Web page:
What a crazy gear panic I’ve been perpetrating here lately! Gear is fun. Gear is important. But gear isn’t everything. A trip report to break things up, this one from my recent European soujourn.
Alps on a perfect day, launching off Zischgeles above Praxmar. Andreas raises his ski pole in salute! Click image to enlarge, and you'll see a hut in the lower right portion of the image. Amazing where they put huts in the Alps. Thousands of them, in every location you can imagine. Sometimes it's just too much, that is until you need a beer.
(Austria, January 14) So, due to lack of snow closer to Germany, the press event I’m attending changed location to a popular backcountry skiing area near Innsbruck, known as Praxmar. Thing is, even here they’d been getting rain at the lower elevations (which I’d had the privilege of touring in the day before), which in turn rotted out the snowpack. Up high, however, things glowed white and tempting. A common higher altitude goal out of Praxmar is a peak called Zischgeles. Really just another midrange alps summit in terms of elevation and terrain, Zischgeles is still a lot of fun, as well as being a good ‘view peak’ due to it being a bit of an outlier from the core peaks of the area.
Praxmar is set up as a sort of backcountry skiing resort. You find good map signs at the base, and one of the standard tours includes a system of educational billboards that explain everything from beacon use to snowpack evaluation.
The day began with a rather large group of guided skiers. I usually try to stay away from these sorts of things, but it's fun to join once in a while and check out how Euro guide and ski culture operate.
Here is where the humor began. As many of you know, an unfortunate tradition in Europe is that skiers tend to march in lockstep, rather than spreading out in avalanche terrain. This has resulted in many unfortunate group accidents over the years, as well as the frantic competition among beacon makers to produced the ultimate group search function so dead people can be found quicker. Instead, isn't it so much better just to spread the group out a bit? Guides are now getting hip to that. Thus, once we entered avalanche terrain the guide shouted back for everyone to separate 'about 40 meters.' Of course, the first thing that happened was the group stopped directly under a loaded avy path (which actually 'lanched later in the day) so they could spread out. After that, it was amusing to observe the definition of '40 meters.' Put simply, if there was an attractive ski girl in the vicinity, '40 meters' was more like 4 feet. But to their credit, some of the skiers did separate.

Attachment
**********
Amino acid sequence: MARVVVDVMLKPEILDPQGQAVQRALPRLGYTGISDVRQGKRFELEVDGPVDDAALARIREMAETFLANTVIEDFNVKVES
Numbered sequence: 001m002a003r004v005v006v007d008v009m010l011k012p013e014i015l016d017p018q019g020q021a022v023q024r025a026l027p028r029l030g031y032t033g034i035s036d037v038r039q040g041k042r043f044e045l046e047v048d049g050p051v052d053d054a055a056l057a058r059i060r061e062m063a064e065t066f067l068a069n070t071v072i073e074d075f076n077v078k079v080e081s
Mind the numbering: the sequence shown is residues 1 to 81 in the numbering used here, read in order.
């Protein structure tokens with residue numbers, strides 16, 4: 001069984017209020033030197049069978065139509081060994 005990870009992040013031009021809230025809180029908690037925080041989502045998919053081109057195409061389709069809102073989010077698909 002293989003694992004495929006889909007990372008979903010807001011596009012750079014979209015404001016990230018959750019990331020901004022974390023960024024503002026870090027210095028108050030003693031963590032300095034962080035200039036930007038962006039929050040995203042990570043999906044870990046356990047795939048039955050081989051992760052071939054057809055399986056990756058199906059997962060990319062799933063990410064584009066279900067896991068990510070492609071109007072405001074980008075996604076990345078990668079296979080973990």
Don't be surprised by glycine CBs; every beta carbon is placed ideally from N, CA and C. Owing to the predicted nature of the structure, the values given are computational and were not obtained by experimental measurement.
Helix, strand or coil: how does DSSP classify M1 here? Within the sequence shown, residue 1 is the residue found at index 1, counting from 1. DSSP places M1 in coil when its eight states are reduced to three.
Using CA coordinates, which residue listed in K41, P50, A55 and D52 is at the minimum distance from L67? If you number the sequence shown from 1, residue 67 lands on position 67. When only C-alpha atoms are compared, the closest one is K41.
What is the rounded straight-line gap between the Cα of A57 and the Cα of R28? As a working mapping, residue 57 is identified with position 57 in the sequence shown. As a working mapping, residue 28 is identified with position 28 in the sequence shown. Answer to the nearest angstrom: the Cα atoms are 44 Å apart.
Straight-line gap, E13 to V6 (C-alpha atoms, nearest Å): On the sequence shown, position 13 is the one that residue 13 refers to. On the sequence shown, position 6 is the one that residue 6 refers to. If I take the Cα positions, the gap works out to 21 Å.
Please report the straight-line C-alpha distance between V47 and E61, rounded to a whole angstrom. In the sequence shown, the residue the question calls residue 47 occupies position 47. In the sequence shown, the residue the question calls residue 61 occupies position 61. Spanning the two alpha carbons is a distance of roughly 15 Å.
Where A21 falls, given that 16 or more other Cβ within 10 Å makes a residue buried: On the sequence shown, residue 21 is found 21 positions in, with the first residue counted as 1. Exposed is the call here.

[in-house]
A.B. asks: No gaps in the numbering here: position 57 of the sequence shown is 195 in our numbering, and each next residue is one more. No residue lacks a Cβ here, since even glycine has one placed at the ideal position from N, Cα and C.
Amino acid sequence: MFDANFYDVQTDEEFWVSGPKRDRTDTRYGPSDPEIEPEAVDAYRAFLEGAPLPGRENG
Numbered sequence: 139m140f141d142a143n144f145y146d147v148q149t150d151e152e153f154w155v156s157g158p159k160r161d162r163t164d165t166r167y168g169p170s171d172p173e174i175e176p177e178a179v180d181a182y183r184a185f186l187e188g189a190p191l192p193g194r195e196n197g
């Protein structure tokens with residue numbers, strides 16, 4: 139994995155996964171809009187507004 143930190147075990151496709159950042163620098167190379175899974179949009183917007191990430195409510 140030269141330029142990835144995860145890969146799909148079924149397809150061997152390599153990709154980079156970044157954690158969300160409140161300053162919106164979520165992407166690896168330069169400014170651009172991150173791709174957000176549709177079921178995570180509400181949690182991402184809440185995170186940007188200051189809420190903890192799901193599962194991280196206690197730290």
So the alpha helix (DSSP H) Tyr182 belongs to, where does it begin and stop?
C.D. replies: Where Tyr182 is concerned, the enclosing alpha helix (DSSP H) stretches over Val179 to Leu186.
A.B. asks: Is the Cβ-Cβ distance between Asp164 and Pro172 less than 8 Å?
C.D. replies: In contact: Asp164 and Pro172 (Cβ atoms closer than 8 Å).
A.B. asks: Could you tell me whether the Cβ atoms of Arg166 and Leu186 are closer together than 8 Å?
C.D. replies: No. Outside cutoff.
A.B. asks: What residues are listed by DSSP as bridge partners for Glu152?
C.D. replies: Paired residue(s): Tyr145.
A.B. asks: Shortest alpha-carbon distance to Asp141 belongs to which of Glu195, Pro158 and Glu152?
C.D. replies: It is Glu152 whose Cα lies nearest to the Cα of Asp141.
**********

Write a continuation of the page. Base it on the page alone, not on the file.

Due to avalanche danger, our guide wisely stopped the large group before steeper terrain higher up on the peak. As a smaller sub-group, I was with friends and guidebook authors Axel and Andreas. Since we could travel more efficiently and safely than the larger group, we kept going and joined up with film maker Nick Waggoner and Dynafit sponsored high mountain skier Sabastian Haag. In this photo, we're nearing the small but fun Zischgeles summit.
At the summit, looking south. The Alps, land of thousands and thousands of crosses. It's actually quite amazing, as nearly every summit has a rather substantial cross that's obviously well maintained. The crosses make good belay anchors, and as a Christian I like being reminded of my faith, but frankly it would be nicer if most of the summits were more pristine. Makes you appreciate our North American wilderness summits.
Nick Waggoner (left) and your friendly blogger getting that obligatory summit shot. I've known Nick for a while now, but I think this was the first time I'd ever skied with him. He's quite strong and game for just about anything. I guess that happens when you make your life hauling a ton and a half of film gear around the globe.
Nick dropping off the summit on a little pitch that tempted us. Snow conditions varied from good, to bottomless Euro muck that my buddy Fritz said 'on a scale of one to ten, was a minus ten in quality.') I'm not sure, but isn't this a fixed heel blackmail shot of a tele skier?
Not a huge day, but big enough to make subsequent nourishment an appropriate option. I like the meat plates they put together at the Austrian gasthauses and huts. This one was par for the course. Combined with a radler (beer and lemonade) the snack was perfect.
Yes, the snow lower down was bad, but the sun was good.
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